The Affect of Personalization in Search Engine Optimization

Personalization has been creating a lot of hype in the search engine optimization scene lately. Personalization has been implemented into the results of Google accounts that are signed in for quite some time now. Google collects your search history and displays results based off of what you’ve searched for and clicked on in the past. Many search engine marketers and optimizers have been reluctant to Google pushing this mainstream. Reason being is that it makes the game of SEO a lot harder when everyone has a different set of results.

Matt Cutts, Google’s spam king, claims that it will be tough times for black hat SEO artists because SEOs will have to focus more on users and less on algorithm reverse engineering. I was curious to what black hats were thinking so I cruised over to SEO Black Hat and found this post. Apparently, they are excited about personalized search and view it as a great thing. Additionally, nobody posted any comments about how this might affect their jobs as blackhat SEOs.

I don’t think there’s going to be too much to worry about for SEOs. Google Bookmarks are going to have a huge impact on people’s results. With that said, I see social bookmarking campaigns being just as big, if not bigger, than link building campaigns.

Marissa Mayer, Vice President of Search Products and User Experience at Google, said that personalized results only show up in about one of every five searches, and would only lift two results into the top 10, never replacing the number one organic result.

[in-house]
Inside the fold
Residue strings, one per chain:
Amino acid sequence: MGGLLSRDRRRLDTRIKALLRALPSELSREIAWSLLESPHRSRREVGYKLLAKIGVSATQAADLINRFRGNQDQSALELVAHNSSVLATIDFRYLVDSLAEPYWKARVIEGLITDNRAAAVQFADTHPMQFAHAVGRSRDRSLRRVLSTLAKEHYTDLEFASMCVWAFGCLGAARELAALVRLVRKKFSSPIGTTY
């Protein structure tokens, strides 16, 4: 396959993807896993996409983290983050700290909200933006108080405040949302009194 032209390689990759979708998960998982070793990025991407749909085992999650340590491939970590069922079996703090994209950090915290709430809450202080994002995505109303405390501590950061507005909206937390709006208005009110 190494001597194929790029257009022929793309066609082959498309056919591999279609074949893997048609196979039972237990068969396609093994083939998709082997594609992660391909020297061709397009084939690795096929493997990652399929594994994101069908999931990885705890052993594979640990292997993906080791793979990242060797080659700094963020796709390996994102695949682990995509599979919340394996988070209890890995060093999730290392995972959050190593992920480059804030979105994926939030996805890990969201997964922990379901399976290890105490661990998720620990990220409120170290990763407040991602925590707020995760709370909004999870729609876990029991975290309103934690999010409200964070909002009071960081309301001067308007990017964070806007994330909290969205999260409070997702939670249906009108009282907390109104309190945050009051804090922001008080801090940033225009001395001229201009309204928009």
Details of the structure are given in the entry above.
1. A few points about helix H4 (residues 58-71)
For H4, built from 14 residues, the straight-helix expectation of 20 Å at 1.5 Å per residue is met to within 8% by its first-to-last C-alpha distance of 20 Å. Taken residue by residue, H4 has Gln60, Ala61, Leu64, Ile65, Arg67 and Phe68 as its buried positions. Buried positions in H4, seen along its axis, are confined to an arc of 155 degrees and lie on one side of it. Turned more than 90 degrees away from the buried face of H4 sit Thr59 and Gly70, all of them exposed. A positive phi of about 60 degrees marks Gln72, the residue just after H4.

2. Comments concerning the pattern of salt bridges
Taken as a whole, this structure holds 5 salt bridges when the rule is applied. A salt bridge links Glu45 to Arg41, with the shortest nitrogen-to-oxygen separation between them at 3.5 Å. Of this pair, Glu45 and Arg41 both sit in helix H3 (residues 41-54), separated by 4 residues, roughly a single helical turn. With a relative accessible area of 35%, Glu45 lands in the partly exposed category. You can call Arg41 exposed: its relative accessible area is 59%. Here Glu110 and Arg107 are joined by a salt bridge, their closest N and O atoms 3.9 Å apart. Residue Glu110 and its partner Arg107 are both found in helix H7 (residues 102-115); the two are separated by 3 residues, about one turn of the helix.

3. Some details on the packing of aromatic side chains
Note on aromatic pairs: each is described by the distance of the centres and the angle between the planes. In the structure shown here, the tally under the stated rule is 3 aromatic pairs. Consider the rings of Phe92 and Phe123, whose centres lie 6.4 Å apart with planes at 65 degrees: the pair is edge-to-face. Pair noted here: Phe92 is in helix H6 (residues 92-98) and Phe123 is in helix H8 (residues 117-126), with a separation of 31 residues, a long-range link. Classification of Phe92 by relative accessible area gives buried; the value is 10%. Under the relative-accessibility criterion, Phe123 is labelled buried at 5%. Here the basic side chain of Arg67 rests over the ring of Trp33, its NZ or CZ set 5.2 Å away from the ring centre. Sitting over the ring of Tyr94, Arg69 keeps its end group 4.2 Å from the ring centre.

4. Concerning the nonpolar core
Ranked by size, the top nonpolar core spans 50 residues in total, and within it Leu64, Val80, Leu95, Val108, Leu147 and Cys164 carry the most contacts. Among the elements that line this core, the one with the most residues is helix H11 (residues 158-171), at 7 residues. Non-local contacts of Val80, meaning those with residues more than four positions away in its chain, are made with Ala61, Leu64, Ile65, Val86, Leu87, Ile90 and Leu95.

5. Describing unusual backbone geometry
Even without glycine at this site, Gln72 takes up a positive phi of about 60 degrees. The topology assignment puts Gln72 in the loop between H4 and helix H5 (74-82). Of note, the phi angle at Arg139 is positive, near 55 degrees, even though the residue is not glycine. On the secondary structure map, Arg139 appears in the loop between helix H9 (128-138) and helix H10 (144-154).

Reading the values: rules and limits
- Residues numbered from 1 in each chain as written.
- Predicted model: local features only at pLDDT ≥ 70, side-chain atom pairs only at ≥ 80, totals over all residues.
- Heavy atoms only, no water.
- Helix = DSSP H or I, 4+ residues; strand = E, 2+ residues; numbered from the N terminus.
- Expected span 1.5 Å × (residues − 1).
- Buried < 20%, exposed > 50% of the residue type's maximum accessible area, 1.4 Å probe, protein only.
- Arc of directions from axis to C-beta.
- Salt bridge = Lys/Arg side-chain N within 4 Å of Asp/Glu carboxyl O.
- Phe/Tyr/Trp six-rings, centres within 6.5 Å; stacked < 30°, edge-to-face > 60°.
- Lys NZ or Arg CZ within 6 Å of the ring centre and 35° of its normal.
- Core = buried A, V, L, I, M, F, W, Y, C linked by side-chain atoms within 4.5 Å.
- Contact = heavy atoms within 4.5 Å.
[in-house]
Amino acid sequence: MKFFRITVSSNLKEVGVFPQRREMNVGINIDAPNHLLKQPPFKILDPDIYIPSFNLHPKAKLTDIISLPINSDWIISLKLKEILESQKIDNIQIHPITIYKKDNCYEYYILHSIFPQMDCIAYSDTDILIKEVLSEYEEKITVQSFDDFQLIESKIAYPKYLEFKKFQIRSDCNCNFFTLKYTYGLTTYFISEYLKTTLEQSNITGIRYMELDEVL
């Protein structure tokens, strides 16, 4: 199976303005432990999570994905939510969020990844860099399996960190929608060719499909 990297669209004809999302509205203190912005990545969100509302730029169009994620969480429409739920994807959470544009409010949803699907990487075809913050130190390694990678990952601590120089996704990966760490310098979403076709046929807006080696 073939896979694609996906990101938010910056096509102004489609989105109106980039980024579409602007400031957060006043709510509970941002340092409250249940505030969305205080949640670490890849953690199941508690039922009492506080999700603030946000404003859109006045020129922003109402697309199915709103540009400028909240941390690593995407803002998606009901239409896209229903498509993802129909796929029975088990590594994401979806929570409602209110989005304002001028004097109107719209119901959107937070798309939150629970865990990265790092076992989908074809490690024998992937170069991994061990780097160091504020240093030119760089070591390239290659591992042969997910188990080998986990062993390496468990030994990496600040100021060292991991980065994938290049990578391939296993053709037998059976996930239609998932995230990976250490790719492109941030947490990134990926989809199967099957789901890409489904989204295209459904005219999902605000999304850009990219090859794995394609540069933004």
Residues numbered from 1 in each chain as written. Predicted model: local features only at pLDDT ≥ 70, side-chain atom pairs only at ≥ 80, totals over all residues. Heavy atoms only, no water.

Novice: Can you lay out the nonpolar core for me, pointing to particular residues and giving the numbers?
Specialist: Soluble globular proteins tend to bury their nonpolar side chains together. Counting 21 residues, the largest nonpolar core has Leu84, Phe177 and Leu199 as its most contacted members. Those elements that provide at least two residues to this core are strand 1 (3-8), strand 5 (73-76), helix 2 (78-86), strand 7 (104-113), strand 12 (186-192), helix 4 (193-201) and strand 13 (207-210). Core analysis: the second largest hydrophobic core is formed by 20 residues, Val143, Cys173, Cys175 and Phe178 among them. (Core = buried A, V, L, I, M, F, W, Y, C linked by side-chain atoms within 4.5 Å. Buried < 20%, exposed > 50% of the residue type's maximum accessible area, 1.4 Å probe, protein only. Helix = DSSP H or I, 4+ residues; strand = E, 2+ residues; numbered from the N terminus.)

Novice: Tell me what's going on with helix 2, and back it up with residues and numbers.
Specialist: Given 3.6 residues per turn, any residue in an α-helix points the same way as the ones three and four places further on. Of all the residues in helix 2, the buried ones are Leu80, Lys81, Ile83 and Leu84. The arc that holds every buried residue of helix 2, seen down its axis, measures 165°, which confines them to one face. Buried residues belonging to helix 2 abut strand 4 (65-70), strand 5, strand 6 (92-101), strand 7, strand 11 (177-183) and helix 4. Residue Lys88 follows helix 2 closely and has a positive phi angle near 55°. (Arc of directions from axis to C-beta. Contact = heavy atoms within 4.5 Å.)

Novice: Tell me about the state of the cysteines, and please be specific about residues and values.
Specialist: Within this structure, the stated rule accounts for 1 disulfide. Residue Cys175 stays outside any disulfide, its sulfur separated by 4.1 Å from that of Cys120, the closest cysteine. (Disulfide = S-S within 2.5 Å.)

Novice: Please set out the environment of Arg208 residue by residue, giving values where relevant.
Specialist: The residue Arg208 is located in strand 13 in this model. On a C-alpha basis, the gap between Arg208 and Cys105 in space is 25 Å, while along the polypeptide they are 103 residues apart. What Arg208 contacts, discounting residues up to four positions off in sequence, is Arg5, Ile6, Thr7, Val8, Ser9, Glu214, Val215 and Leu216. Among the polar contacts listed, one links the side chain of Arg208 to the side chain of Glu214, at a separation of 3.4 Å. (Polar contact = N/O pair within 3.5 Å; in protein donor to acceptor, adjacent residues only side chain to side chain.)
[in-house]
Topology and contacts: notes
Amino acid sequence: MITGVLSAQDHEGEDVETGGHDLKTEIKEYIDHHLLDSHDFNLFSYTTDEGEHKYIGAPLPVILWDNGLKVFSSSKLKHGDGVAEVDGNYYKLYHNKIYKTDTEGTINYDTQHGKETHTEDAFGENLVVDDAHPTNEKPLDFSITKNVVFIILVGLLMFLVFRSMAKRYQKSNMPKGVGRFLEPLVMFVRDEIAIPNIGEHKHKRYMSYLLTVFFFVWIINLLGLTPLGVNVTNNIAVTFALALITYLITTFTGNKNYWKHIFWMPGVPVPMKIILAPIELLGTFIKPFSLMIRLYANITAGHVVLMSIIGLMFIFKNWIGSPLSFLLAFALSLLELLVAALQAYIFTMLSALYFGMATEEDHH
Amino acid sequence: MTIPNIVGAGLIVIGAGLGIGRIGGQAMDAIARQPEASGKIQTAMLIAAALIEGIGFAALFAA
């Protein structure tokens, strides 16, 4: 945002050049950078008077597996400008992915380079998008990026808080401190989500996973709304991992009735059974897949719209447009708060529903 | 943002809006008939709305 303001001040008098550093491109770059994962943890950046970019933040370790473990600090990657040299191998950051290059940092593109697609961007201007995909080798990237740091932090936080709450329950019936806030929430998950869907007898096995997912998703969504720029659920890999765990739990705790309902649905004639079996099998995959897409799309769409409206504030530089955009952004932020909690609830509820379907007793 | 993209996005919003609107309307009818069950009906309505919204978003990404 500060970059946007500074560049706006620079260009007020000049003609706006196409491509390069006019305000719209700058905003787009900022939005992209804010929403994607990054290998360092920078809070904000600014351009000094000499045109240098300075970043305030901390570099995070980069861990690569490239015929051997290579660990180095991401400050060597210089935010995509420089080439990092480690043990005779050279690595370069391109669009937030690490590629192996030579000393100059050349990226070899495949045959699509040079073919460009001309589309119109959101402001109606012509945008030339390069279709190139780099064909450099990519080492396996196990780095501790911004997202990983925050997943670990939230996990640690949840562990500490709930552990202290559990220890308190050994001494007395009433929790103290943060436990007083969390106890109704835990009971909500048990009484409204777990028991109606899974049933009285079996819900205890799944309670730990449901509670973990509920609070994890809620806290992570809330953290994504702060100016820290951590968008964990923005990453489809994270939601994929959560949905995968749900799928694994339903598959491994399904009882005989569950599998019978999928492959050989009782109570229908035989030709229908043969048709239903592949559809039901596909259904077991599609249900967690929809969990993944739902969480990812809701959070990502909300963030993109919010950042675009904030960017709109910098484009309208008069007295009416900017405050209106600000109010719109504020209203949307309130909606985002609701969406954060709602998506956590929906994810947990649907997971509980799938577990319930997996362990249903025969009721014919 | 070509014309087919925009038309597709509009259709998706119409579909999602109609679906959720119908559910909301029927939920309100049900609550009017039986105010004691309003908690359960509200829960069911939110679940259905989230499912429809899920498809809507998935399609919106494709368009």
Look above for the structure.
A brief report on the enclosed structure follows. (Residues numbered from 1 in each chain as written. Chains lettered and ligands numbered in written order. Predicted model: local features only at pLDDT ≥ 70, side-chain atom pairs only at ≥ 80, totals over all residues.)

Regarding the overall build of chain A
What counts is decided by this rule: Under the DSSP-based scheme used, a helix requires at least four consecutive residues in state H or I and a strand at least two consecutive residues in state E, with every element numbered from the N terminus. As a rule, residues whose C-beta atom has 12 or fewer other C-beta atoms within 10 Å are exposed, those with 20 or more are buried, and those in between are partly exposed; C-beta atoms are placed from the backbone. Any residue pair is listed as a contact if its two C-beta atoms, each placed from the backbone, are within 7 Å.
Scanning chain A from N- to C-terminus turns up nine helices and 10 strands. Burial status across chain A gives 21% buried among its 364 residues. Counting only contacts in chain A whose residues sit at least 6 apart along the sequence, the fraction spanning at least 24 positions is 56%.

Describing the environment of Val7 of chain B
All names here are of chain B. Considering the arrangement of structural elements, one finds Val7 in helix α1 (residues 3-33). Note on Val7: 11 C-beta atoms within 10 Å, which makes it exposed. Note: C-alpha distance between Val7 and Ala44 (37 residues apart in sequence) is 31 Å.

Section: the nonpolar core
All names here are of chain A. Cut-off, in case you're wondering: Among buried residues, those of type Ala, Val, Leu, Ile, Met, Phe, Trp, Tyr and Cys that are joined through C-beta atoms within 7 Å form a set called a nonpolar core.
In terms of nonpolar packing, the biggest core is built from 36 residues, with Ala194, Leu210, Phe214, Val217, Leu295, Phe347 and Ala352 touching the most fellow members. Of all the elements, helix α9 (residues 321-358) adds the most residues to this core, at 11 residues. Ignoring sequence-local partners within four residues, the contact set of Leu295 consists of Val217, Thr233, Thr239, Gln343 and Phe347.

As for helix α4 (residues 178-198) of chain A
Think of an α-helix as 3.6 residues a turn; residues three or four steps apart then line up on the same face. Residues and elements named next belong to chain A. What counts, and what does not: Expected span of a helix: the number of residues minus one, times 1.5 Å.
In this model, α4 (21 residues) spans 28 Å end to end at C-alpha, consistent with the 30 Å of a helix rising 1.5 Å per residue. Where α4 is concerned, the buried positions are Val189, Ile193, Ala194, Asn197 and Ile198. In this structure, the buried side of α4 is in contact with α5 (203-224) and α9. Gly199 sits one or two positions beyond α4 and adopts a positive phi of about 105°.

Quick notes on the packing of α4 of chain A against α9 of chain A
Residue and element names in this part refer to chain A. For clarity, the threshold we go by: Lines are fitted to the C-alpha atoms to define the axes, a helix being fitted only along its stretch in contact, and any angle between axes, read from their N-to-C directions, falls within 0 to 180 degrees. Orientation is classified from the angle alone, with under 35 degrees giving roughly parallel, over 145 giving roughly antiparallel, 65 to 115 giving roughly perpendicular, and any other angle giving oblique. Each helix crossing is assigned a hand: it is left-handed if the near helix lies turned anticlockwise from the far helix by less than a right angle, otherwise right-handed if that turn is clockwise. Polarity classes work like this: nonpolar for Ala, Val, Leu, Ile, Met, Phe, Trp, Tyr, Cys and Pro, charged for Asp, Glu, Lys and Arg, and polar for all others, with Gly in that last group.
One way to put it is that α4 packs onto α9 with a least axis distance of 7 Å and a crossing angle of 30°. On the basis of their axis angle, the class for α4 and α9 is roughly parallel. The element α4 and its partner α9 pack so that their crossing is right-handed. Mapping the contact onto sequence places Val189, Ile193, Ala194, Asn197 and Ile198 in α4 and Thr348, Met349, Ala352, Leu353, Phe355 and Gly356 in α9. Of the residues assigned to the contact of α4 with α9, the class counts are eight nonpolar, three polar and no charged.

There are many caveats I want to address with personalization. The top result is typically the most visited result for any search query. If the top result never changes then that’s not really much personalization now is it? If you’re someone who typically uses the “I’m feeling lucky” button in Google then you’ll always get the same result whether you’re signed into Google or not. Also, everything you click on gets ranked higher in your personalized results. How does Google determine if you liked what you clicked on or not? That’s a major flaw in this system right now.

Another issue is the latency involved with temporary search patterns and localization. What if you’re on vacation for two weeks in New York and you’re searching for local restaurants, hotels, clubs, etc. When you return home your results are going to be skewed towards New York. How long will it take to recognize you’re not searching for New York based businesses anymore when you return home to Utah or wherever? What if your kids hop on your computer to search for something like kids games? The next time you search for games online your results will be tainted.

Personally, I’d like to see Google more focused on semantic mapping and clustering of search terms while it refines personalization. They already have started implementing this feature for select search phrases, but I think they need to push it a bit more. I think Clusty.com and Quintura.com have both done a good job of semantic clustering.

Author:.

Jordan Kasteler is a Utah SEO specialist that provides a blog and podcast on the topics of search engine optimization, internet marketing, and other Utah SEO items of interest.

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